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mets0903
Jul 19, 2004, 11:44 AM
Hi,

This may seem like an elementary question to most of you, but I have been trying to find a conclusive answer to it for some time, and I can't seem to get a conclusive one (I, myself, am not usually a Mac user)...

An organization that I work with recently purchased an Xserve, and we are looking to install it (along with a couple new computers, etc.). We only bought one Xserve, and it will be the only server we use. Is it still necessary to rackmount the Xserve if we are only using one xserve (and have space to put it on a tabletop with nothing nearby in front or back and nothing on top of it?

Thanks for your help in advance!!

Mets0903

qubex
Jul 19, 2004, 12:19 PM
You don't have to put the Xserve in a rack, inasmuch it runs on its own power and the rack is only there for containment. However, in practical terms, I do recommend a rack because the thing is damned noisy - like having a vacuum cleaner in the room with you - and the rack's door etc. will improve the situation.

mets0903
Jul 19, 2004, 12:26 PM
Well, its going to be in a room 2 floors up from where we are working, so noise isn't really much of an issue. I just wanted to make sure that a rack wasn't required for use (heat-wise, etc.).

theranch
Jul 19, 2004, 01:17 PM
You don't have to put the Xserve in a rack, inasmuch it runs on its own power and the rack is only there for containment. However, in practical terms, I do recommend a rack because the thing is damned noisy - like having a vacuum cleaner in the room with you - and the rack's door etc. will improve the situation.
That is if you have a rack with a door. Not all racks come with doors...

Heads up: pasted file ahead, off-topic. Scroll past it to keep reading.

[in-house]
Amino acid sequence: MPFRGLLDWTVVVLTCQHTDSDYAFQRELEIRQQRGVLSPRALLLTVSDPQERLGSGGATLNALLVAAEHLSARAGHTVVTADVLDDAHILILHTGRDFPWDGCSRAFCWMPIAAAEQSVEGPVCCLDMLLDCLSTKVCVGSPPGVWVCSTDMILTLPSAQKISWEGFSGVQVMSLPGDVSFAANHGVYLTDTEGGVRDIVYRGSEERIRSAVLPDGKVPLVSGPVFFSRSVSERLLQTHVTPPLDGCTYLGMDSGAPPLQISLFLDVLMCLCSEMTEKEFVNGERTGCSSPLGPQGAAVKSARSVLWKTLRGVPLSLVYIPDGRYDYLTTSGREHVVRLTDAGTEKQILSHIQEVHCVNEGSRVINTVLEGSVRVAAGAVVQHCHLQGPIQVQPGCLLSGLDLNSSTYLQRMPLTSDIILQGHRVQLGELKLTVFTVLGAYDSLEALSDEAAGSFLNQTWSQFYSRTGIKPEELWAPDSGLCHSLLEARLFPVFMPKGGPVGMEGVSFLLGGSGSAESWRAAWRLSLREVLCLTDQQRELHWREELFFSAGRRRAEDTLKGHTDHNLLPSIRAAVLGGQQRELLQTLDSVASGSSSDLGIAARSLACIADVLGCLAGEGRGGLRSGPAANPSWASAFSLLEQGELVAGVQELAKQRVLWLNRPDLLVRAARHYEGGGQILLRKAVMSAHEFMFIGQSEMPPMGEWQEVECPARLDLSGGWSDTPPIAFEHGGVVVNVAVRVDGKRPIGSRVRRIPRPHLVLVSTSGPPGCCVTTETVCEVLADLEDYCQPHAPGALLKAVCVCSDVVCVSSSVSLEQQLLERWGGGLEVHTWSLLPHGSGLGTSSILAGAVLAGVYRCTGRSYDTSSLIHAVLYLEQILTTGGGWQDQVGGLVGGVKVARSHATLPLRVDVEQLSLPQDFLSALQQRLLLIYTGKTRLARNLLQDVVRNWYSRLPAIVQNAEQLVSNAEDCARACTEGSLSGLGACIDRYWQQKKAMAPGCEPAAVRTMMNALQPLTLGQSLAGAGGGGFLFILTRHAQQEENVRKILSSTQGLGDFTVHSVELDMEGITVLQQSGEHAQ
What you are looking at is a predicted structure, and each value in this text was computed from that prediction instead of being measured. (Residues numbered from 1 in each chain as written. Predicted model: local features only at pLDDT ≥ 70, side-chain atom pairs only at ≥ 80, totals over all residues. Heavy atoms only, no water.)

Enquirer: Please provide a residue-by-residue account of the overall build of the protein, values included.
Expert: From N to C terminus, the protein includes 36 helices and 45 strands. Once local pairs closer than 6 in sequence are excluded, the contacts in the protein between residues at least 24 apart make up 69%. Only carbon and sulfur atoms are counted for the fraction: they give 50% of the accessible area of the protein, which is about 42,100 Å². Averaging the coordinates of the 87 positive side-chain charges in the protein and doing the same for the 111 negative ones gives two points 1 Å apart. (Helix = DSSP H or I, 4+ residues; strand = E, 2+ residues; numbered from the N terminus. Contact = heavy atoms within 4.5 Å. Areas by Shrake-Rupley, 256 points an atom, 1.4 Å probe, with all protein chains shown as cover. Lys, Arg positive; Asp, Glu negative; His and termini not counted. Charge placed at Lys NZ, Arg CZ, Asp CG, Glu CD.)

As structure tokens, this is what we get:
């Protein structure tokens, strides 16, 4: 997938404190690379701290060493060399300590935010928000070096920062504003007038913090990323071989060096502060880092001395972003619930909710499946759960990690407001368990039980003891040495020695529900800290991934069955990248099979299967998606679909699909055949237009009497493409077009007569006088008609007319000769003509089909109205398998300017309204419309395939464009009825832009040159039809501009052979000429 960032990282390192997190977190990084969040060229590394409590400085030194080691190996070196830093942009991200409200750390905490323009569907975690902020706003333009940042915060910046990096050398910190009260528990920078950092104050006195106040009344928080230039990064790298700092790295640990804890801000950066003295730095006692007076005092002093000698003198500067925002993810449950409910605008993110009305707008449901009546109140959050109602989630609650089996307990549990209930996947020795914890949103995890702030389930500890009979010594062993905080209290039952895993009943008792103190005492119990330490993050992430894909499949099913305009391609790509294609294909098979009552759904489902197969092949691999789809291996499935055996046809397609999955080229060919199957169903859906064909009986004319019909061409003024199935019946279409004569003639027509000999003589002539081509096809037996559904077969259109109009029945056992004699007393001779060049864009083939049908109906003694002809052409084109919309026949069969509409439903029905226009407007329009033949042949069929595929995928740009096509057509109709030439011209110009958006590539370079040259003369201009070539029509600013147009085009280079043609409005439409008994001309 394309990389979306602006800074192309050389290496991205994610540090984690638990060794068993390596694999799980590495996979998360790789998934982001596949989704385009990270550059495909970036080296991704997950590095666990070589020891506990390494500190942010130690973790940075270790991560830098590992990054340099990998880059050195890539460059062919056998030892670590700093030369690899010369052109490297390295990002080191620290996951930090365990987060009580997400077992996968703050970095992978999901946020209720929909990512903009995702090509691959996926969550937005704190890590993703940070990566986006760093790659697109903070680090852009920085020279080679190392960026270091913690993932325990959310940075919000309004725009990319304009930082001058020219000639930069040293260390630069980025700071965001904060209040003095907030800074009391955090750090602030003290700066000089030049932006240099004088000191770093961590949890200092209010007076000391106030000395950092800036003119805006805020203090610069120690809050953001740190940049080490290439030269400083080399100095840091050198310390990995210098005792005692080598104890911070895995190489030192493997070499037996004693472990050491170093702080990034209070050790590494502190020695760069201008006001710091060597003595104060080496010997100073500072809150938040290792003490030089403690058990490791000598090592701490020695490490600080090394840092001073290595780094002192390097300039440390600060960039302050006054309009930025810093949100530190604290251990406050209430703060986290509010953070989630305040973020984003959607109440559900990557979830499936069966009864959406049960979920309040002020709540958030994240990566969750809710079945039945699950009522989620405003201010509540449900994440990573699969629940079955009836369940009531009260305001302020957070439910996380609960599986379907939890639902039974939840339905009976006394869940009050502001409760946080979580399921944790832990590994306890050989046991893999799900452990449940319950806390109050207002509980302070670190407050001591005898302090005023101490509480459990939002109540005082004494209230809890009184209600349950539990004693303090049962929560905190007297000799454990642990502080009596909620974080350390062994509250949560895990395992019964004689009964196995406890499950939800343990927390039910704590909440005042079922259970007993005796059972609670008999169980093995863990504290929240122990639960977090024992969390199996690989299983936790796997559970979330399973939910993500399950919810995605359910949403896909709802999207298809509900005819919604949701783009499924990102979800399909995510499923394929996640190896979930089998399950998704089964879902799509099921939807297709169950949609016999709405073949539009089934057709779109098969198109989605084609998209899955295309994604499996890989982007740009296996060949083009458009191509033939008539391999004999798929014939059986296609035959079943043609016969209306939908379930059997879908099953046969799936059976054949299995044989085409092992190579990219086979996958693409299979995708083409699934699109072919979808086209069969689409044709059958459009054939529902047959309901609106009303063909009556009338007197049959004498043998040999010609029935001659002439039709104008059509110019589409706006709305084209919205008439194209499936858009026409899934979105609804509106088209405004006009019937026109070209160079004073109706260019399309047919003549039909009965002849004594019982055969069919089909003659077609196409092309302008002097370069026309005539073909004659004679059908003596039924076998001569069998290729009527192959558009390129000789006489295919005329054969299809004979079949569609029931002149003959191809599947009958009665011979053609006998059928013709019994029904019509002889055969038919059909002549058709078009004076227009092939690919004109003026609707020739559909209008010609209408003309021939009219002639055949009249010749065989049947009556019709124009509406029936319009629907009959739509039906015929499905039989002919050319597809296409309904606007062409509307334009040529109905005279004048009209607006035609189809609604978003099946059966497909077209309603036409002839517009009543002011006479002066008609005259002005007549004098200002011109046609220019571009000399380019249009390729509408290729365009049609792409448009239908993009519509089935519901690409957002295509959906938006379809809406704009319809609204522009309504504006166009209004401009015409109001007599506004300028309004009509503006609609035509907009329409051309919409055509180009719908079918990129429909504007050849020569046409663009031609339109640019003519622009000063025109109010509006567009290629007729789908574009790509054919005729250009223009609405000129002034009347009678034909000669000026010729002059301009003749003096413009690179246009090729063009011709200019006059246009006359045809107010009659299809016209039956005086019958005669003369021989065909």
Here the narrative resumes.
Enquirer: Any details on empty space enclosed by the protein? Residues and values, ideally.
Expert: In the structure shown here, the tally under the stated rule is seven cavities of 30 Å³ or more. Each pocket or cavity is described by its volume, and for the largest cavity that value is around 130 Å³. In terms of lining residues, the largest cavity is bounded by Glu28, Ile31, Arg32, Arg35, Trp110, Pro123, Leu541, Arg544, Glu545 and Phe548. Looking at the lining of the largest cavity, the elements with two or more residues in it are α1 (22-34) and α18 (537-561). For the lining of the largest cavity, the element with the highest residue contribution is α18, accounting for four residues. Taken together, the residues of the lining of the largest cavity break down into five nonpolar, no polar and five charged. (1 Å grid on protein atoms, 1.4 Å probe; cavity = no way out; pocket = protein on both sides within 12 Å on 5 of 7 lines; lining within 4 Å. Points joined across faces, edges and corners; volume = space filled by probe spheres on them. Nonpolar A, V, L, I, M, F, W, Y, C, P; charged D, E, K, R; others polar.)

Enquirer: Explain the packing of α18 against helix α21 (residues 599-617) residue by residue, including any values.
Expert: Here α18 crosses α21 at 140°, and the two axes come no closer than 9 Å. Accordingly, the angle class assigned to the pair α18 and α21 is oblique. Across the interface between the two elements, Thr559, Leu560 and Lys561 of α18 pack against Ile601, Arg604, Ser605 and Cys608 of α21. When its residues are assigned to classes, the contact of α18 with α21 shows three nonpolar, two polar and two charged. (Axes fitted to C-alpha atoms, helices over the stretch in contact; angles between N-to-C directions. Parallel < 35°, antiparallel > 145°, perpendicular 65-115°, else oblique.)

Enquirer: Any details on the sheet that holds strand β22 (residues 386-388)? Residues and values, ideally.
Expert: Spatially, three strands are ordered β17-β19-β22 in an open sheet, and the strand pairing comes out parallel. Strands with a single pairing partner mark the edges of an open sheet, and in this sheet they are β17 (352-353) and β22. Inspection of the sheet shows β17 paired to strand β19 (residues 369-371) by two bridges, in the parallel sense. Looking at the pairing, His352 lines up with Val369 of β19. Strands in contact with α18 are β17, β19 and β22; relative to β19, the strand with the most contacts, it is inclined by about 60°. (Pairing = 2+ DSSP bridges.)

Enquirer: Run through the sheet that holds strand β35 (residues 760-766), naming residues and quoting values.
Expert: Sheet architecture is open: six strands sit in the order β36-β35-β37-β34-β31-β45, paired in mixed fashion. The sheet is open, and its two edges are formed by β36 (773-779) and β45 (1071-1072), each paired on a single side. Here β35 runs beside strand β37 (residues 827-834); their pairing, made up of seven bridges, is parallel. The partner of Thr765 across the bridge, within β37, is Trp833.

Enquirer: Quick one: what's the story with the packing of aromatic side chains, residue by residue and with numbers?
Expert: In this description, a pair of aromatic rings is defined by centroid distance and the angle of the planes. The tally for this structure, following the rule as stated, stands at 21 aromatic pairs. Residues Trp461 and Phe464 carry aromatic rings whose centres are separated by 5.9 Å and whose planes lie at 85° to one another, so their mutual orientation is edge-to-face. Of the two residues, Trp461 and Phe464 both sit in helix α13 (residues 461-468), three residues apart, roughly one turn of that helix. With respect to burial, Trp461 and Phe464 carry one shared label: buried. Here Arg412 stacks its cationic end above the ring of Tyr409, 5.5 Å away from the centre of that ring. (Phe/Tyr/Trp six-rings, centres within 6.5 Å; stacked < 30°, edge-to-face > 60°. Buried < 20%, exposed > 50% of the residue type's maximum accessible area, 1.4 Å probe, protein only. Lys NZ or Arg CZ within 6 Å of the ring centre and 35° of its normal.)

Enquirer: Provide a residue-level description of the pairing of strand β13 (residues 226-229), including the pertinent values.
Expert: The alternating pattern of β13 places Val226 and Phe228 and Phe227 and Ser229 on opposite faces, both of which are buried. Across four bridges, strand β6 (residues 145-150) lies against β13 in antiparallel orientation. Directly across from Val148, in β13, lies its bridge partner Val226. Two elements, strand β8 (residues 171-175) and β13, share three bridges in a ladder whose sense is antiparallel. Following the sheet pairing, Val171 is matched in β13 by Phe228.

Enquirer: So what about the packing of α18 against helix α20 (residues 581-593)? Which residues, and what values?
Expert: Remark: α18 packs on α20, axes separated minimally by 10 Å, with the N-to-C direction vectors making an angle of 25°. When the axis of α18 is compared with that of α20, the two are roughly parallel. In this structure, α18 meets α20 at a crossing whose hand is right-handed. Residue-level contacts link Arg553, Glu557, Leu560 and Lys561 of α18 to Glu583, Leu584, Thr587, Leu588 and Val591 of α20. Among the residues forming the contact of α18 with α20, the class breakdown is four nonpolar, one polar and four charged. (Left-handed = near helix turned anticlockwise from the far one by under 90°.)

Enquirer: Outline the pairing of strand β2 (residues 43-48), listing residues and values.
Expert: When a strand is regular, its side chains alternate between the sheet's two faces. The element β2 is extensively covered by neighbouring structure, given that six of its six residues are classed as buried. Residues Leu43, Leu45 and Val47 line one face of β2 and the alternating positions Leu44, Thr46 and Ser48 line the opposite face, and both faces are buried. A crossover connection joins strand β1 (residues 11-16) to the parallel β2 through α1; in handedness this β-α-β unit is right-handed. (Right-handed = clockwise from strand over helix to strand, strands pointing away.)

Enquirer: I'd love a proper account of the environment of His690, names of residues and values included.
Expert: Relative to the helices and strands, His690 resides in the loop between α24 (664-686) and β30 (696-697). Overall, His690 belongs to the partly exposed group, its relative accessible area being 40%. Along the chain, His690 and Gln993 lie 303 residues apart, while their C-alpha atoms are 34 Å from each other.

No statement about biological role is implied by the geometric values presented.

Grimace
Jul 19, 2004, 01:43 PM
Racks can reduce the amount of dust flowing around electronics too. In any case, make sure you have plenty of airflow above AND below the Xserve. Prop it up with 4 boxes of paperclips if needbe.

vga4life
Jul 19, 2004, 02:59 PM
Racks can reduce the amount of dust flowing around electronics too. In any case, make sure you have plenty of airflow above AND below the Xserve. Prop it up with 4 boxes of paperclips if needbe.

Not necessary! Rack-mount equipment is designed specifically not to require air circulation on the top and bottom - airflow is front-to-back only and there are no vents on the top or bottom. (I didn't have to go to Harvard to learn this, either - it should be obvious given that rackmount equipment is designed to stack and Apple constantly shows off xserves racked one atop the other.)

Anyhow, Marathon has a vertical stand for the xserve that might meet your needs:
http://www.marathoncomputer.com/vertx.html

-vga4life

Grimace
Jul 19, 2004, 03:09 PM
Not necessary! Rack-mount equipment is designed specifically not to require air circulation on the top and bottom - airflow is front-to-back only and there are no vents on the top or bottom. (I didn't have to go to Harvard to learn this, either - it should be obvious given that rackmount equipment is designed to stack and Apple constantly shows off xserves racked one atop the other.)

Anyhow, Marathon has a vertical stand for the xserve that might meet your needs:
http://www.marathoncomputer.com/vertx.html

-vga4life
Thanks for attacking an academic institution - real mature.

Unfortunately, you're wrong. Some rack-mount equipment heats up an incredible amount. Certain products offer convection cooling - others noisy fans; it depends on the piece of equipment.

I never said that there were vents on the top or bottom. I was suggesting that rack mounted equipment heats up - it does. You can stack other equipment above and below all you want - but I'm sure there are tons of people like me who have worked in recording studios that recommend separating equipment just for added protection.

I don't know how hot Xserves get - it was just a general precaution.

Lighten up.

tomf87
Jul 20, 2004, 08:53 AM